Philip Morris ordered to pay Australia for costs of defending tobacco plain packaging investment challenge

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Cigarette packs in Australia before and after plain packaging. Image courtesy of Quit Victoria.

Cigarette packs in Australia before and after plain packaging. Image courtesy of Quit Victoria.

On 13 July 2017, the tribunal constituted to hear Philip Morris Asia Ltd’s (PMA) investment treaty challenge against Australia’s tobacco plain packaging laws ordered PMA to reimburse Australia for costs involved in defending the case.

The dispute, brought by PMA under the 1993 Hong Kong – Australia bilateral investment treaty, was decided in favour of Australia in 2015. In its Award on Jurisdiction and Admissibility, released in May 2016, the tribunal concluded that it was precluded from exercising jurisdiction over the dispute. It found that:

‘the initiation of this arbitration constitutes an abuse of rights, as the corporate restructuring by which the Claimant acquired the Australian subsidiaries occurred at a time when there was a reasonable prospect that the dispute would materialise and as it was carried out for the principal, if not sole, purpose of gaining Treaty protection.’

The Tribunal’s Final Award Regarding Costs considers and dismisses PMA’s argument that it should not pay Australia and the Tribunal’s costs.

‘Loser pays’ rule should apply

The default rule under the relevant procedural rules is that the ‘loser’ pays the costs of the dispute, including the legal costs of the other party and the Tribunal’s expenses. The Tribunal may decide to otherwise apportion the costs if it is ‘reasonable’ to do so.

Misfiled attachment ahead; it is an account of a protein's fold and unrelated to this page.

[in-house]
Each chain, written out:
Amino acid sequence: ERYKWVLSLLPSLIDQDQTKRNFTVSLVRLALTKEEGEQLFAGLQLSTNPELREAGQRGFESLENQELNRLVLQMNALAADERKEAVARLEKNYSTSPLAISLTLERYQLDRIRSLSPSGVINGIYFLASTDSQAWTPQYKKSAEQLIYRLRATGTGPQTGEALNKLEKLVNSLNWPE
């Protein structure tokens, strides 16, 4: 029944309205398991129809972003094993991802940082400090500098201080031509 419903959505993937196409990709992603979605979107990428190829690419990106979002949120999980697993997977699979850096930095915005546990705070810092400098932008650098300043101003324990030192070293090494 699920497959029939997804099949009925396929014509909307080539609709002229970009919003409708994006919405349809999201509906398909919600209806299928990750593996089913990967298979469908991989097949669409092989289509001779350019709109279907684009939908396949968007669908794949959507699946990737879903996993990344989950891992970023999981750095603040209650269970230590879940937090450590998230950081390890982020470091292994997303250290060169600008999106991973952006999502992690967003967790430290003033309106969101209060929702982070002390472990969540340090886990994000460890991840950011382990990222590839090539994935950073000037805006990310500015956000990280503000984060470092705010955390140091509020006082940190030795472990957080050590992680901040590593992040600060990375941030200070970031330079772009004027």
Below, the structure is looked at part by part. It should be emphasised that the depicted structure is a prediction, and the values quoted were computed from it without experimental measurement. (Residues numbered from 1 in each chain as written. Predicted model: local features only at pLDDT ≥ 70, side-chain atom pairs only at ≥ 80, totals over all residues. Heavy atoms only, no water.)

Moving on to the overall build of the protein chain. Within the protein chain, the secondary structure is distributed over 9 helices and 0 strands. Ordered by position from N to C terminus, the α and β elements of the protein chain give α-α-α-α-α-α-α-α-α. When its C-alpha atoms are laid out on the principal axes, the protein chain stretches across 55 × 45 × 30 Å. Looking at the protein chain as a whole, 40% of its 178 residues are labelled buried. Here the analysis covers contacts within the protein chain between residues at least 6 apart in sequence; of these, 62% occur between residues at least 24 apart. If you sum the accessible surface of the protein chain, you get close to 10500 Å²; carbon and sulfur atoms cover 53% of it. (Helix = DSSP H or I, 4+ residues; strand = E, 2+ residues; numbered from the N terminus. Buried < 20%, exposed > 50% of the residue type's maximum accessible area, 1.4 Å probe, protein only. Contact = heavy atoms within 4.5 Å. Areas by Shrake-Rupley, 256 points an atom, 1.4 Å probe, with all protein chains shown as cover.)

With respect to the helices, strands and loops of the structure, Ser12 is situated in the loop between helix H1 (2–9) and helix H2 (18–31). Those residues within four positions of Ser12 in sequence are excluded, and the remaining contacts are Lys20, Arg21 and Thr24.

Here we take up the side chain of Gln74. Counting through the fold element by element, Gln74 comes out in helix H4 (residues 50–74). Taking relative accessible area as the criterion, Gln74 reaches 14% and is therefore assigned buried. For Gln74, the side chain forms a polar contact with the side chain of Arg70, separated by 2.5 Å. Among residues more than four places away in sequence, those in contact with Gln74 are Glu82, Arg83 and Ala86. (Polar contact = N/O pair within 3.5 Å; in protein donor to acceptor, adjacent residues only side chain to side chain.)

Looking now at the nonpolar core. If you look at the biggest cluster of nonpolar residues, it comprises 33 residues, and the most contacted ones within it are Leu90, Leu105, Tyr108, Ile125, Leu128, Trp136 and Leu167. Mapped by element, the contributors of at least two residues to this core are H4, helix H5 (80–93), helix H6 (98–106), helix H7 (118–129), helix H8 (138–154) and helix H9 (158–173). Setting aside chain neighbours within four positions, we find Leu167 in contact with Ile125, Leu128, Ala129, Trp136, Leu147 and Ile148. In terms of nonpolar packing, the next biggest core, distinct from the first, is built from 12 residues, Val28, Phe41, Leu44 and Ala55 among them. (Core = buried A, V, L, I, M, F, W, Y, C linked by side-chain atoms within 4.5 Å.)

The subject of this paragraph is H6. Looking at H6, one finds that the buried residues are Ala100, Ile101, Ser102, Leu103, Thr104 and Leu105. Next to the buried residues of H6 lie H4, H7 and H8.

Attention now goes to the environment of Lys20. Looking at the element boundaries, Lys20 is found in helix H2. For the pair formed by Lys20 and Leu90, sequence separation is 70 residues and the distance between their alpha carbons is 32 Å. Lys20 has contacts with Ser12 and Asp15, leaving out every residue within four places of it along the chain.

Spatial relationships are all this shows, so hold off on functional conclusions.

PMA had argued that it was “not correct or appropriate to label one party the ‘winner’ and one party the ‘loser’”, because PMA had prevailed on two arguments and lost on two arguments.

The Tribunal disagreed, finding that the ‘loser’ of an investment dispute was the party that had been unsuccessful, assessed in light of the overall outcome of the case. Here, PMA’s claim had been dismissed and it had been found to have abused its rights. The Tribunal emphasised that ‘a respondent State that faces an abuse of right should, in principle, not be burdened with the costs of defending itself against such a claim.’

The Tribunal reduced the amount that would otherwise have been payable by PMA by a percentage that reflected the time and cost spent on one jurisdictional objection pursued by Australia that was ultimately not successful.

Australia’s costs claim was reasonable

The Tribunal found that Australia had claimed a reasonable amount of costs, and rejected PMA’s argument that the figure Australia was claiming was too high. The Tribunal took into account the complexity and length of the dispute, and the fact that it was Australia’s first investment arbitration, which meant that Australia had had to hire external counsel and develop in-house capacity and procedures from scratch.

The Tribunal also emphasised that Australia’s expenditure was appropriate given the significance of the case:

“In making this assessment, the Tribunal also takes into consideration the significant stakes involved in this dispute in respect of Australia’s economic, legal and political framework, and in particular the relevance of the outcome in respect of Australia’s policies in matters of public health.”

The Tribunal issued a redacted costs award ordering PMA to pay an undisclosed sum to Australia, and awarding interest of 1.5% (the Reserve Bank of Australia’s cash rate) on the total sum.

Status of disputes

The decision brings the investment proceedings against Australia’s plain packaging laws, which were initiated in 2011, to a close. A constitutional challenge was dismissed in 2012, and a WTO panel decision is still pending.

Suzanne Zhou
Suzanne Zhou
Legal Policy Advisor, McCabe Centre for Law and Cancer.